Science vs Nature
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The Birthmark” was a great story that written by Nathaniel Hawthorne. Throughout this era of history, vast development was being made in the region of science and technology, which lead to ground-breaking and tremendous discoveries. It also opened doors to numerous of new branches in the scientific field of research. The scientist, Aylmer, the key character in The Birthmark, attempts to take his experimental study to the maximum of science in a venture to run Nature. Aylmer becomes intensely enchanted in a fight which science opposes nature in an effort to gain control over nature. Aylmer dreadfully tries to generate a world of flawlessness in his flawed world. He engages in the clash of science versus Nature, he thinks his feel affection for science can rival, his wife Georgiana. Aylmer lives and works in a period in which science is relatively new and misunderstood at the time.
Science is described in this story as “mystical” and “mysterious”, with proving that the work Aylmer was doing was well thought-out to be a kind of magic or voodoo by the people with no kind of scientific culture. Near the beginning of the story, Aylmer has been impregnated by the idea that crucial perfection has been within reach through science. This becomes the dynamic force following Aylmer’s motives. With his marriage to Georgiana, this driving force of perfection becomes an obsession that takes over his mind. Aylmer loved Georgiana deeply but he could not tolerate her single imperfection. Georgiana was nearly perfect from the hand of Nature, but on her “left cheek there was a single mark, deeply interwoven. This tiny, irrelevant birthmark was so disgusting to Aylmer that he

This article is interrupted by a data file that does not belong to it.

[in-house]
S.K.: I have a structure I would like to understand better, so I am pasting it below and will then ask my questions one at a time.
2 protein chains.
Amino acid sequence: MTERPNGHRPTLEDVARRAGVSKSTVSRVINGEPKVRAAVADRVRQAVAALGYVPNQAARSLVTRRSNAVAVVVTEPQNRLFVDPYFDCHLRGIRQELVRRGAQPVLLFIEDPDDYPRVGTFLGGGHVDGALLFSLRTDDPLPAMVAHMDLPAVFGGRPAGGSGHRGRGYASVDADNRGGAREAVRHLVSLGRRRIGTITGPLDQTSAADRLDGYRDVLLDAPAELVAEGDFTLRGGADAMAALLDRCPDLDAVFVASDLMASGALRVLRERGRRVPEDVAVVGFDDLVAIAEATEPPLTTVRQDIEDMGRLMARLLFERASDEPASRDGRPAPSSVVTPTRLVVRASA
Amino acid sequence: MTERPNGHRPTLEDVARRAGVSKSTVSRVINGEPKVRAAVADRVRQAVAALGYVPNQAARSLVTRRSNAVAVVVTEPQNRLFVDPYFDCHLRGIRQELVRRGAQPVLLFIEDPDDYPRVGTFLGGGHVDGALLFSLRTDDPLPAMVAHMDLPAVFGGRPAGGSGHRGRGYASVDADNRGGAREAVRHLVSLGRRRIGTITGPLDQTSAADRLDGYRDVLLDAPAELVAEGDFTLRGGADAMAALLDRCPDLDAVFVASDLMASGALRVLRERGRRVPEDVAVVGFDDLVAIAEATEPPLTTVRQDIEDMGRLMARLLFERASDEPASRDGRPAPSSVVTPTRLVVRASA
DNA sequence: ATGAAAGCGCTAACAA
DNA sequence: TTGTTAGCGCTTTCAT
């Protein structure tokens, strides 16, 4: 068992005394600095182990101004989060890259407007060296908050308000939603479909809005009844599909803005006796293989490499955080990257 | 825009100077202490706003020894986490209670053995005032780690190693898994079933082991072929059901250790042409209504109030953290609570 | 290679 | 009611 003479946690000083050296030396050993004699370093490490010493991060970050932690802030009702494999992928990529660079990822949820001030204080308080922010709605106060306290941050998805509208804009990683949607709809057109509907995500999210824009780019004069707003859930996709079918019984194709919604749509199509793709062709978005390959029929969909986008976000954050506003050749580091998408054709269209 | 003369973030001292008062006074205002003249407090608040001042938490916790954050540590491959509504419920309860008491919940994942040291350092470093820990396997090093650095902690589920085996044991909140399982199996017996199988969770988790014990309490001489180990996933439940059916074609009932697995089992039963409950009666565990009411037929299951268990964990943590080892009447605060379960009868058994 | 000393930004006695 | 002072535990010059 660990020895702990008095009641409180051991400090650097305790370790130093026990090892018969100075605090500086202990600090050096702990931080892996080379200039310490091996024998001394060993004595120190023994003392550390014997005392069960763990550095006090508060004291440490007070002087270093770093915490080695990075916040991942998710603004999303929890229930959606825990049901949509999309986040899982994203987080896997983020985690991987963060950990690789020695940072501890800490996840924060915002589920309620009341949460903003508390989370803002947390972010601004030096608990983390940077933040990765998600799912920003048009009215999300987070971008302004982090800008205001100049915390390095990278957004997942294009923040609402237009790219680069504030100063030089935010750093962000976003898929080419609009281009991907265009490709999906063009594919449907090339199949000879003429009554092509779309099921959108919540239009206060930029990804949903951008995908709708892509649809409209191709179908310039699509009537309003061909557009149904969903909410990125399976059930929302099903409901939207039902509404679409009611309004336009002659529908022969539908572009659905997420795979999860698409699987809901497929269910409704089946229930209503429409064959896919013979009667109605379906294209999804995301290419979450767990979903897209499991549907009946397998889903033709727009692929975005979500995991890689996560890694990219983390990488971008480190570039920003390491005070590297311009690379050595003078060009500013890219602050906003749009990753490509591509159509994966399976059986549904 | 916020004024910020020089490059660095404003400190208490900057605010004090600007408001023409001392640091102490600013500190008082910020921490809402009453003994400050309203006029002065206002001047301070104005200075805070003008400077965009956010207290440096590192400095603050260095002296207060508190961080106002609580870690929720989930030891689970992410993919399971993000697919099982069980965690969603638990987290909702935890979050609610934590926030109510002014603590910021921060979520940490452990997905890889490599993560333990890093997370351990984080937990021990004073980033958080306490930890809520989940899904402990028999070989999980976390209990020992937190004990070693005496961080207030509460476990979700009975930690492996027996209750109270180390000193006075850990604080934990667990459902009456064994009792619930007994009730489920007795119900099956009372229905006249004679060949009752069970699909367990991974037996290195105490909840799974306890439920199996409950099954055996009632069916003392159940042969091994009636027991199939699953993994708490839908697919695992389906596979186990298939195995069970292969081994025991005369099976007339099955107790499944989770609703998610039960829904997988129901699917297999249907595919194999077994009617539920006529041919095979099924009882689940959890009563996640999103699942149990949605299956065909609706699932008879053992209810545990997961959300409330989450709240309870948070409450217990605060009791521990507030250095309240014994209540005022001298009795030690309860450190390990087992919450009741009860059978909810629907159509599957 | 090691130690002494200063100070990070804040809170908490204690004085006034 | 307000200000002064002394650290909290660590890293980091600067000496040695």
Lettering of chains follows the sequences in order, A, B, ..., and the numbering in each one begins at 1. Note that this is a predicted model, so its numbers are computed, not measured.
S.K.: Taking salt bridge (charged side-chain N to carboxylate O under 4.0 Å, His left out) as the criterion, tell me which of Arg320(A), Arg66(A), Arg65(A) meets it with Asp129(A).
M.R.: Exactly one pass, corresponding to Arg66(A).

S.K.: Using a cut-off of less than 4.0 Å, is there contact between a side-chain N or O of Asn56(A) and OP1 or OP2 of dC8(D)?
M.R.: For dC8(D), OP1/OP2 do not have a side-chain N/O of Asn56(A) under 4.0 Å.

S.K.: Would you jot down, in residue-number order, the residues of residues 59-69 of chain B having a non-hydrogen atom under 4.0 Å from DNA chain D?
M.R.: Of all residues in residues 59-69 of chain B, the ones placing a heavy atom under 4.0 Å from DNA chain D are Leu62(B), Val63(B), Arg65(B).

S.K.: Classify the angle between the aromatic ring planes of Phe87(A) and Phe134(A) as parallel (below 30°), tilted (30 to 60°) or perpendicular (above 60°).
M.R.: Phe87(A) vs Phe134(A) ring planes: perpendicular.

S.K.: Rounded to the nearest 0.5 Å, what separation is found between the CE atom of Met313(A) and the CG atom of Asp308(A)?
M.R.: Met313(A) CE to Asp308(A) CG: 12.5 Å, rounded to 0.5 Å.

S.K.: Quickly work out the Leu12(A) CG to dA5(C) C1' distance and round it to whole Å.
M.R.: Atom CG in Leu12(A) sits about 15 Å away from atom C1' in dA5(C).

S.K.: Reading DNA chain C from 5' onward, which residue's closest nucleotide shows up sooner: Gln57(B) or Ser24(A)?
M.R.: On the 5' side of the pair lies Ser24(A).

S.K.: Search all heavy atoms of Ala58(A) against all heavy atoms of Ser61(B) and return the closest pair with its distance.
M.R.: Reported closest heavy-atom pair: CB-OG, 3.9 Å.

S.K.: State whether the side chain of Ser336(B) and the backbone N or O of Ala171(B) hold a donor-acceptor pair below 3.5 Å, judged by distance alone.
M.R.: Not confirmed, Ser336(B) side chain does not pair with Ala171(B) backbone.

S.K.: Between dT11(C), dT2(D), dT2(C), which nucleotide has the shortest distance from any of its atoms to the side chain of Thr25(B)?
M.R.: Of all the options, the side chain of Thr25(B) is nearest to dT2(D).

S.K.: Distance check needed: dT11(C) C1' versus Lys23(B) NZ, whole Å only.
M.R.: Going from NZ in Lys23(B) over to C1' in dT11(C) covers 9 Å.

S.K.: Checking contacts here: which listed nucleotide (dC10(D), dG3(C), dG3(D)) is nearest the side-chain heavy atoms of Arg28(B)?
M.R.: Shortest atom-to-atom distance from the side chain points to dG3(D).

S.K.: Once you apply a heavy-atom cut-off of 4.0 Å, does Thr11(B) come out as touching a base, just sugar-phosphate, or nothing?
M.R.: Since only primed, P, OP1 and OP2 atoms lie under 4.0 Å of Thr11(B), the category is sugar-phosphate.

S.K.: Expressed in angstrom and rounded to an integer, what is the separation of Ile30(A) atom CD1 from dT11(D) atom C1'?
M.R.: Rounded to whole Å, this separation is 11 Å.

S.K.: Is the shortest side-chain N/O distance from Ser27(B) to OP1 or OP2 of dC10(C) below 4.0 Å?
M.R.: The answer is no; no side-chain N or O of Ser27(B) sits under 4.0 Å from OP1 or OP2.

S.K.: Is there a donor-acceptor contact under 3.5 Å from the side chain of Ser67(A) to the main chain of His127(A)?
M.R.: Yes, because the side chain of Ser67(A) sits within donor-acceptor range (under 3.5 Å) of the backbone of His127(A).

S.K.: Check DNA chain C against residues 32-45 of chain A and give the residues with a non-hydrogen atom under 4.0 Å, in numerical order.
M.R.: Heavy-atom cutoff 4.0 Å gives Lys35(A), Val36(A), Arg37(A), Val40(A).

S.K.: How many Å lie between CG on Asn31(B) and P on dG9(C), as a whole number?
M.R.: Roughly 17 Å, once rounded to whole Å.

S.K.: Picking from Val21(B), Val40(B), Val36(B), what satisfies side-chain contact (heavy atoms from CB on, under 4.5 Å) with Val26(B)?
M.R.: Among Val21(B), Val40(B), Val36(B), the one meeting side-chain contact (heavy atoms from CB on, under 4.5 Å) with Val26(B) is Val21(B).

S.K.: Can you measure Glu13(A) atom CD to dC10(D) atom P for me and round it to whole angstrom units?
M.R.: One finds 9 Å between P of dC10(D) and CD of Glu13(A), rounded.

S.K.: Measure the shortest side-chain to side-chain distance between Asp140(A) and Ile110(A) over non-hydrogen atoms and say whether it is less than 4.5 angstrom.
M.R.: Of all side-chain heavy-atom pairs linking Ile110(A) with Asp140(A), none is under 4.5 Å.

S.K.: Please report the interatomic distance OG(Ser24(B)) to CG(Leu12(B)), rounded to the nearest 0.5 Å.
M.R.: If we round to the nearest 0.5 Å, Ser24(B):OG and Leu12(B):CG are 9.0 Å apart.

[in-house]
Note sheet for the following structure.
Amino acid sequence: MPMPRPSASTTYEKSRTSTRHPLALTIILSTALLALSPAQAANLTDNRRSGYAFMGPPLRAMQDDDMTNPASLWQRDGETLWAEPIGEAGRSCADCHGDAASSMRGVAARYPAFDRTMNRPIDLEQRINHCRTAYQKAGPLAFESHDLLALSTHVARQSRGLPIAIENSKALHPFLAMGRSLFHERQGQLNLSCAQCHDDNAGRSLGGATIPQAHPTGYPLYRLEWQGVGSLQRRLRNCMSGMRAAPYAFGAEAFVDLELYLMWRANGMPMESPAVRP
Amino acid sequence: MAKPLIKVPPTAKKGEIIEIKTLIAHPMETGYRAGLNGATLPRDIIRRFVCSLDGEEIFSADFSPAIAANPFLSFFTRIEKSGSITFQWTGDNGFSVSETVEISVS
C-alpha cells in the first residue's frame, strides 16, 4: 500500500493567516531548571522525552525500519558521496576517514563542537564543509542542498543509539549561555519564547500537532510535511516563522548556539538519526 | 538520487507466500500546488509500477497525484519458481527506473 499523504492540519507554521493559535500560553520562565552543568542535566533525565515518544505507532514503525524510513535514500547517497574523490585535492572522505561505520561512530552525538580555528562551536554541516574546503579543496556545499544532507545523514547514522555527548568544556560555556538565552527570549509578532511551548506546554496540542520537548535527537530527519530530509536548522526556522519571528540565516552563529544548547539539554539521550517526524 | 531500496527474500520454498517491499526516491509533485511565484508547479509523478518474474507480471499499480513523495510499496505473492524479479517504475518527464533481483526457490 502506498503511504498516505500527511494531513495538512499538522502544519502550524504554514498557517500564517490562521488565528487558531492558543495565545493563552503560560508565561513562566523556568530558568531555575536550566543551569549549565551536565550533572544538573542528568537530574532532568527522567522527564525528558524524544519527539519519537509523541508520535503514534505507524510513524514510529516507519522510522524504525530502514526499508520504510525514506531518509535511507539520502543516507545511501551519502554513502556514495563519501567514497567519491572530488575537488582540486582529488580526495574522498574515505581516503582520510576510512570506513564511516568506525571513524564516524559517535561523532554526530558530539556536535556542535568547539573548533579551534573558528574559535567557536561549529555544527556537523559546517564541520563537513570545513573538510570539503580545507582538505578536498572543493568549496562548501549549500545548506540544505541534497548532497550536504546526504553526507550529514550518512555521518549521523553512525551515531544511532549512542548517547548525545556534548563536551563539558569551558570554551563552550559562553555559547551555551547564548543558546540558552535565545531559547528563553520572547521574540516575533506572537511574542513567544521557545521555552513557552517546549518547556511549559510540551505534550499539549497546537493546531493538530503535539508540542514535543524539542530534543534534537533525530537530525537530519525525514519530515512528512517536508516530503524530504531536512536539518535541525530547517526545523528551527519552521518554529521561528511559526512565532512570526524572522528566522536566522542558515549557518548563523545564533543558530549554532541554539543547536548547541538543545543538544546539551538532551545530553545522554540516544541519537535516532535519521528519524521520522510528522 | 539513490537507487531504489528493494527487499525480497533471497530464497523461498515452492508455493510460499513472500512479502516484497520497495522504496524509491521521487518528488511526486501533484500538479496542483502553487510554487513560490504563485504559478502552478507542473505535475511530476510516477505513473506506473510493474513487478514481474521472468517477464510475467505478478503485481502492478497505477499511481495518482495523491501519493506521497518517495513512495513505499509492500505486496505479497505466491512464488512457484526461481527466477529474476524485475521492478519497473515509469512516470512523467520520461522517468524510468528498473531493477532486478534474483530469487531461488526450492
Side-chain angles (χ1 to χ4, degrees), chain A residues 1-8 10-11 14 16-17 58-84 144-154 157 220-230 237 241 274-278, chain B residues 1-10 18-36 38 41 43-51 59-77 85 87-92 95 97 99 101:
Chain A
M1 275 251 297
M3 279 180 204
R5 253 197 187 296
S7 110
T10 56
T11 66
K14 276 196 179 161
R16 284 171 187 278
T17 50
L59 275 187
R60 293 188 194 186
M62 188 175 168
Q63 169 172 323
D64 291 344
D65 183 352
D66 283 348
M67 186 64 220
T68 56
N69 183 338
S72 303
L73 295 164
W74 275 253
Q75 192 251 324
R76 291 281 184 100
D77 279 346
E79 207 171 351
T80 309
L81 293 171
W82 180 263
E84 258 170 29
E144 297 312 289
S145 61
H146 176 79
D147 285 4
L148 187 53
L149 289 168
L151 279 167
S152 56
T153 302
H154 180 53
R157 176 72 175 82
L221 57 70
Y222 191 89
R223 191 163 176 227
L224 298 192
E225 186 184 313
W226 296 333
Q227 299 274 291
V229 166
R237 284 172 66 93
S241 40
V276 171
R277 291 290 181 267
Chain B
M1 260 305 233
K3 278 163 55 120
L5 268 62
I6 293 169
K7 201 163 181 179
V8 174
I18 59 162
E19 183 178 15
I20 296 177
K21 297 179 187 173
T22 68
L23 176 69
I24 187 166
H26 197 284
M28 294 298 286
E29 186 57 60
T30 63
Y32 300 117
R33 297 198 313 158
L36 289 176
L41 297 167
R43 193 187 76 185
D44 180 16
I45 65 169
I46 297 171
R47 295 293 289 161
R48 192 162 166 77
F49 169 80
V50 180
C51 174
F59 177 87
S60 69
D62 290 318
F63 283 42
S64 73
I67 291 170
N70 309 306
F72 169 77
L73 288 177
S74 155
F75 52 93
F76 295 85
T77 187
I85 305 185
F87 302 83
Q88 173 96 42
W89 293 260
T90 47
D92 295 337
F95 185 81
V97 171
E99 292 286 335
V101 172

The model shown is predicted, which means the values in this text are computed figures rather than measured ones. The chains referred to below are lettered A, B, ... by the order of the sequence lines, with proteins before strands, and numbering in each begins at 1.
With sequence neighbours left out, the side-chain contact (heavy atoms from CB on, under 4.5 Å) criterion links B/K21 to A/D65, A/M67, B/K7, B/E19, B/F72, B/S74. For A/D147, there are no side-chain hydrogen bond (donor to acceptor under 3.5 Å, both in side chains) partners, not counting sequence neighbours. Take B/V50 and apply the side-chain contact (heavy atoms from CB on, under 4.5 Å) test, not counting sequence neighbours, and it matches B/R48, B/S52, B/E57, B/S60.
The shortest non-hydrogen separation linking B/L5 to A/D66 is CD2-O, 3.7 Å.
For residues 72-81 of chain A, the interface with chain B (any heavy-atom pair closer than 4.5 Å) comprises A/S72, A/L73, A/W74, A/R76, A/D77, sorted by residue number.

refused to kiss her on the cheek, or even look at it in daylight. It drove Aylmer mad that his wife was so close to perfection. His mission was to formulate a mixture to remove the birthmark parting his wife as the solitary most perfect being ever formed.
On the other hand, Georgiana does have some measure of power over her husband’s spirit, a power that comes not from science but nature. For example, when Aylmer’s spirits flag, he asks Georgiana to sing to him, and the beauty of her voice restores his good mood. Unlike her husband’s potions, her voice is entirely natural but has a much greater effect. In addition, Georgiana’s birthmark also demonstrates the power of nature because it captivates and intoxicates almost everyone who sees it. In the end, Aylmer’s attempt to control nature with science ends only in death and unhappiness Georgiana’s birthmark symbolizes humanity in my words. Every living thing is flawed in some way, nature’s way of reminding us that all living thing sooner or later dies. The hand-shaped mark on Georgiana’s cheek is a blemish that marks her as mortal. Aylmer’s disgust for his wife’s birthmark suggests the horror he feels at the prospect of death. He is a smart man, but his misinterpretation of the symbol on Georgiana’s face leads him astray. If anything, the symbol of death on her cheek clashes with her natural kindness and sunny spirit. Aylmer’s own achievement in science and the medical field eventually led to an individual disaster.